Facebook-Infused Identities: Learners’ Voices

  •  Ruzy Hashim    
  •  Mohd Idrus    
  •  Imran Ho-Abdullah    
  •  Noraini Md Yusof    
  •  Raihanah Mydin    
  •  Shahizah Hamdan    


The National Higher Education Strategic Plan of Malaysia focuses on graduates who are innovative and knowledgeable to meet the standards and challenges of 21st century. This paper, then, explores how an innovation practice has taken place in a course entitled “Gender Identities: Malaysian Perspectives” where students scrutinize gender across Facebook “texts,” as opposed to using literary texts. By using Facebook as baseline data to analyze online gender construction, students have learned the ways in which cyberspace deconstructs certain parameters of identity construction. Following this premise, this article discloses how students analyze gender identities. They analyze Facebook accounts of a male educator in United States, a female Malaysian college instructor residing in United States, and a law/politics Malaysian undergraduate. Firstly, the students revealed that identity in Facebook spaces is shown through genuine names and profile pictures; rightfully so for job, networking, and relationship purposes. Secondly, by selecting specific audiences, negotiating identities of a friend, co-worker, lover and most importantly future employee in Facebook is a difficult task. Conflicts usually occur while “masking” certain information on Facebook as they go about connecting with friends, students, parents, and prospective partners. Thirdly, societal constraints limit opposite gender’s approval of friend requests. Lastly, identity construction reveals that having voices and emotions on Facebook have both positive and negative implications. Pedagogical recommendations are also presented as a result of this inclusion of Facebook in literature classrooms.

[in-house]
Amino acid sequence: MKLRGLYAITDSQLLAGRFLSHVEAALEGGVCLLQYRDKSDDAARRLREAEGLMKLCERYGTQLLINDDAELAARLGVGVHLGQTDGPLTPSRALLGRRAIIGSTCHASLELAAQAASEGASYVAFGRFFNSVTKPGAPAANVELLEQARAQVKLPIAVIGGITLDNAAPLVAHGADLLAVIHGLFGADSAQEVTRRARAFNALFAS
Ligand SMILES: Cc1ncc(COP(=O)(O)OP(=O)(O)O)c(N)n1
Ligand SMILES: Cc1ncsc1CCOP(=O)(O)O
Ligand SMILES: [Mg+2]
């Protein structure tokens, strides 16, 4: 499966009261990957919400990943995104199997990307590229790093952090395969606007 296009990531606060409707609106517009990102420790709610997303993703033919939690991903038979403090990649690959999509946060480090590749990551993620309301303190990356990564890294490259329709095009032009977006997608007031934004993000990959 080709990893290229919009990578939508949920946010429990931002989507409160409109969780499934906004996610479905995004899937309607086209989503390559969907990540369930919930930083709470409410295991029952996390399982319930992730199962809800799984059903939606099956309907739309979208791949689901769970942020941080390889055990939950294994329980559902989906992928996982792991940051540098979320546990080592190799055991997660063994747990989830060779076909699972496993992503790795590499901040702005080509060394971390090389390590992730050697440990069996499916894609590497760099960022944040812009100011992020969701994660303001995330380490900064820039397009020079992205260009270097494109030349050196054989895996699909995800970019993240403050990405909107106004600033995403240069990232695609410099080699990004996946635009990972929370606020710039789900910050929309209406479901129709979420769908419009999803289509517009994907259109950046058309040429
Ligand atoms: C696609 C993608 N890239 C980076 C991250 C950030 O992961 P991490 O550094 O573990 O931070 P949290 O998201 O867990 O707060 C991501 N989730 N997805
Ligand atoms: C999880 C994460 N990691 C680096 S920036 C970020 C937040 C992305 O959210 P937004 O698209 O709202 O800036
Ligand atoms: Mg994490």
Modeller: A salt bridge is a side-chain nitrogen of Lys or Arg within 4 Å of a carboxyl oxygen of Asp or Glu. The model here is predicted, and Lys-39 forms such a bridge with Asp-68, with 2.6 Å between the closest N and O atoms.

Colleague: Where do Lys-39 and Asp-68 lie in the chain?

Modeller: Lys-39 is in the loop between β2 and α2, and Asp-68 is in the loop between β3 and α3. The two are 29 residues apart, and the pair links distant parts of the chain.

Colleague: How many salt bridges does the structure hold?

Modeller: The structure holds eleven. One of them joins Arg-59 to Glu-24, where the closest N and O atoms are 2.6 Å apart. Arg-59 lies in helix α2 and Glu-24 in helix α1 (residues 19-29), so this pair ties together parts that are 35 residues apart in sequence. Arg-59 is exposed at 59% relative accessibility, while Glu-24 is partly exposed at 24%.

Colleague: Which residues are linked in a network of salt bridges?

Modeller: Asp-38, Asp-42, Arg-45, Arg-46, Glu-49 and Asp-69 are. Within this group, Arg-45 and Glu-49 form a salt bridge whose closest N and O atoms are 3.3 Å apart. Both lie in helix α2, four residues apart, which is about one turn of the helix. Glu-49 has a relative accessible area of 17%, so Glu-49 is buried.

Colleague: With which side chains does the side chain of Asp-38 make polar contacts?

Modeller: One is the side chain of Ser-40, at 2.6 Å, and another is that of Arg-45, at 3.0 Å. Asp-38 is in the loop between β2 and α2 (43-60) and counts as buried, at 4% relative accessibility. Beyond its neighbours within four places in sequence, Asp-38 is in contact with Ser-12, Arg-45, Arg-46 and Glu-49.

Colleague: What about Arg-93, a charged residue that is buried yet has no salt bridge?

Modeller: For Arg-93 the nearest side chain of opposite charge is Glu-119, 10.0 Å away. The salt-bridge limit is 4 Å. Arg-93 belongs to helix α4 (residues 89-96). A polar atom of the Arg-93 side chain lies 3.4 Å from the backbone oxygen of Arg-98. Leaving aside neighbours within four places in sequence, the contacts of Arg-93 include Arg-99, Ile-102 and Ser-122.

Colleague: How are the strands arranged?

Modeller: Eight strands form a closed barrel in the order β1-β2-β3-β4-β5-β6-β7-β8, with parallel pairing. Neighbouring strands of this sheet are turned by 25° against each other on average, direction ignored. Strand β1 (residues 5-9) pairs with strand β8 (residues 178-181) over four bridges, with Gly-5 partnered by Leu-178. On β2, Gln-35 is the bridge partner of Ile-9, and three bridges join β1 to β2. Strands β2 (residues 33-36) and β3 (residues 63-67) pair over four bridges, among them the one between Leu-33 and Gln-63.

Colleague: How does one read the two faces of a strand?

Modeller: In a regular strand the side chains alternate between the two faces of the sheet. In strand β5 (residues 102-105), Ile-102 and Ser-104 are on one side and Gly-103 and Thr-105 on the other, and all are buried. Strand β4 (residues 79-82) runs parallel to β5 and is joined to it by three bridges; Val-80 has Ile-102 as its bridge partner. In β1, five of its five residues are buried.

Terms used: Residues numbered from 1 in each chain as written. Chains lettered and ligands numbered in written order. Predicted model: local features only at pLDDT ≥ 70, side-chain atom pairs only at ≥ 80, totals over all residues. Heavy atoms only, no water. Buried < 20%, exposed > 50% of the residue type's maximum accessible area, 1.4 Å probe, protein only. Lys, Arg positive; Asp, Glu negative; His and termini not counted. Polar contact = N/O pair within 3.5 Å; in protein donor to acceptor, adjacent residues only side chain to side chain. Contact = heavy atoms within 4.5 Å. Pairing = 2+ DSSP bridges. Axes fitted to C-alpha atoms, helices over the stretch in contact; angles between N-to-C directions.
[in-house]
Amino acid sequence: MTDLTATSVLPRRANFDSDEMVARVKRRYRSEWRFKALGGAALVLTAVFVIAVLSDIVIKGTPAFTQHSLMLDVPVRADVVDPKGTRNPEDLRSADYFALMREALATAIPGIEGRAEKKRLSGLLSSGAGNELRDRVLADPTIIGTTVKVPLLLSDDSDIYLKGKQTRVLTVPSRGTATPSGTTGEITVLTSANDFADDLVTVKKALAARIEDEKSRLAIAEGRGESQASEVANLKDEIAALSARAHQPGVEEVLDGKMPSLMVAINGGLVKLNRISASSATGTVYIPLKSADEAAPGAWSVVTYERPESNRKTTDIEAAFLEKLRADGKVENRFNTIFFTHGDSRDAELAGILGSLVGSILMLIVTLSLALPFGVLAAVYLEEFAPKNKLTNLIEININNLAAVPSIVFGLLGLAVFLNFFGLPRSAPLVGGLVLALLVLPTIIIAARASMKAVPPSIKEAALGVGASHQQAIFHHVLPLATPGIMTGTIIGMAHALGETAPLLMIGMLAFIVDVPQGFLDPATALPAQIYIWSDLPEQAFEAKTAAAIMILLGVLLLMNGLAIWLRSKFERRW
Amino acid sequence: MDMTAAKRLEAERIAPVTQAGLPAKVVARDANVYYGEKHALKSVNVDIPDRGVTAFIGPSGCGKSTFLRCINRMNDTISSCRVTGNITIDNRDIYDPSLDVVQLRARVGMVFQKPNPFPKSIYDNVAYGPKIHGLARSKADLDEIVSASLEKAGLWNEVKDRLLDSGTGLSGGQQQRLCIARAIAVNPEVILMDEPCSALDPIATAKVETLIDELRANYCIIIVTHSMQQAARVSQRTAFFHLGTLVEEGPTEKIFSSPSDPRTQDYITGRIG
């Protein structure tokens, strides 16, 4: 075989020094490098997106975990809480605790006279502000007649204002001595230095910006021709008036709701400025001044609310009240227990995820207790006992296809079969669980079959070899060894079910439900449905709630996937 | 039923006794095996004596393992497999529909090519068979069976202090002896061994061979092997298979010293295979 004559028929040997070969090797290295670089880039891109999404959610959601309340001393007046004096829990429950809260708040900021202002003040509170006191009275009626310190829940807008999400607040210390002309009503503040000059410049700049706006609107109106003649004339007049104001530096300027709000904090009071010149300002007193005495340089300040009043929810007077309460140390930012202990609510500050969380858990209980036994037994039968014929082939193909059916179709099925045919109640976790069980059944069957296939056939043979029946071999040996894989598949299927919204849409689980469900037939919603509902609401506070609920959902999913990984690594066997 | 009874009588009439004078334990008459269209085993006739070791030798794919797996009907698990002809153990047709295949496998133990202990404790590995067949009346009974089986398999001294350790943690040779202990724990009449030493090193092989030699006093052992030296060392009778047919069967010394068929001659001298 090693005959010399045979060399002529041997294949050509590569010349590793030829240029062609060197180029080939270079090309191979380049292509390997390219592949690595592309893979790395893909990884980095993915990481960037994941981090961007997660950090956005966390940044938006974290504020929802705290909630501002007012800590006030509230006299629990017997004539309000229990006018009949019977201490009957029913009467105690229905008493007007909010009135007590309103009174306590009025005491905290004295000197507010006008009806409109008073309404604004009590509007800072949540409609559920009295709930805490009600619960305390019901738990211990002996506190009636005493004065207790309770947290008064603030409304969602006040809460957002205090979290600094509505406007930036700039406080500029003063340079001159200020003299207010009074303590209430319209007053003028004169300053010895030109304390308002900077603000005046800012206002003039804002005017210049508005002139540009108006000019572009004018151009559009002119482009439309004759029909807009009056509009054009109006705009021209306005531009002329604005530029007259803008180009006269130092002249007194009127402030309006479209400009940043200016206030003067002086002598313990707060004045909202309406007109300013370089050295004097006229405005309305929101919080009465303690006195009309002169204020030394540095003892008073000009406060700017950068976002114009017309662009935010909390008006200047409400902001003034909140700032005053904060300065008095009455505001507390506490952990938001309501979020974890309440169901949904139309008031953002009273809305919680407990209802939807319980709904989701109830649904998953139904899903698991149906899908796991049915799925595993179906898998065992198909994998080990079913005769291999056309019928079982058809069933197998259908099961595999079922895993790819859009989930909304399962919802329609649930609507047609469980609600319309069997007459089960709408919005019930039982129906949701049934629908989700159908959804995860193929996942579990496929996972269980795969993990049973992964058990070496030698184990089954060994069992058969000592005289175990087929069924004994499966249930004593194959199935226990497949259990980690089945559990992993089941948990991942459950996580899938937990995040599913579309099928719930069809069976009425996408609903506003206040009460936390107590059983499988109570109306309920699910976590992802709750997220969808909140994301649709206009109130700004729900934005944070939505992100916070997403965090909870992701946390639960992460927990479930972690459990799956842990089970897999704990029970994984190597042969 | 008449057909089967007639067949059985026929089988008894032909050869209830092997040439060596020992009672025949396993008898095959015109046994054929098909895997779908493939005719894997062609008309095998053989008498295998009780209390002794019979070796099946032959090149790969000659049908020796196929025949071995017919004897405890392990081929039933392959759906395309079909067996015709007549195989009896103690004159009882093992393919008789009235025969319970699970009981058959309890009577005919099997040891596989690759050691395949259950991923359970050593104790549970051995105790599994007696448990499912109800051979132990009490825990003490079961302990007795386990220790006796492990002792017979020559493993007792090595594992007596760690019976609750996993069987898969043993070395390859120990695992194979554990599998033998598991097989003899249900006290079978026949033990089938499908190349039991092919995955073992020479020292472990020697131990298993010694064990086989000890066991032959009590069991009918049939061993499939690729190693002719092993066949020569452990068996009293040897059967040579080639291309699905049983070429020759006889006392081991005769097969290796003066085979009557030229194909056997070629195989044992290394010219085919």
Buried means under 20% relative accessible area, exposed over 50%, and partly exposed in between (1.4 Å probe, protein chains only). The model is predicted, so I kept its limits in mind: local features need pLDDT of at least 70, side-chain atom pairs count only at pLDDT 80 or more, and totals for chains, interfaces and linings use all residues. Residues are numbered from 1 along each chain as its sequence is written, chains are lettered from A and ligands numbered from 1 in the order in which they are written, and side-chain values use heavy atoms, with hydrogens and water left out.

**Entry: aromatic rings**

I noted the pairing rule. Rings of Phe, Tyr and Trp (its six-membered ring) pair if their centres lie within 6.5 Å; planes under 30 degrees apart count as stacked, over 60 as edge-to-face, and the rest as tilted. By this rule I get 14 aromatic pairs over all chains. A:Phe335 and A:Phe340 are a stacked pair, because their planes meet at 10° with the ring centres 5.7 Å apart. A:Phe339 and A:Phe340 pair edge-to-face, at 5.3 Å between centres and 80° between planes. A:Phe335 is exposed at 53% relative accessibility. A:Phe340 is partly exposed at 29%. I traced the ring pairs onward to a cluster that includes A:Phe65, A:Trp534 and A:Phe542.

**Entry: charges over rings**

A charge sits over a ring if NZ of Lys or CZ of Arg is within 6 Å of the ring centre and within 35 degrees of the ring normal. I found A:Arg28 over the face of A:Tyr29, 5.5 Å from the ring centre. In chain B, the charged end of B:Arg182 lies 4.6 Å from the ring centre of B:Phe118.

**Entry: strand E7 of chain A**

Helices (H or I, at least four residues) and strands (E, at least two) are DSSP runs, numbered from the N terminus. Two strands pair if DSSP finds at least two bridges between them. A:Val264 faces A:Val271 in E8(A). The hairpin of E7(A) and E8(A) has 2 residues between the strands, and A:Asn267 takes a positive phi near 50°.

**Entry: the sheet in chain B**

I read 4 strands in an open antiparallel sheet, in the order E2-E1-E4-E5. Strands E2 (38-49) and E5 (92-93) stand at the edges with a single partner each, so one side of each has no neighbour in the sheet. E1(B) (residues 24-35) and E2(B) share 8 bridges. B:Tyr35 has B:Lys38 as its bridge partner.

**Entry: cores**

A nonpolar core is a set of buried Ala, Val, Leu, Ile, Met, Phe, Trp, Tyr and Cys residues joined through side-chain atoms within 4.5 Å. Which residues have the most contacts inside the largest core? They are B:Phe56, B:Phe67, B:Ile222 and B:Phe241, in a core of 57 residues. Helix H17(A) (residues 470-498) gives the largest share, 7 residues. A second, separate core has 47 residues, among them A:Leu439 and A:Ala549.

This work is licensed under a Creative Commons Attribution 4.0 License.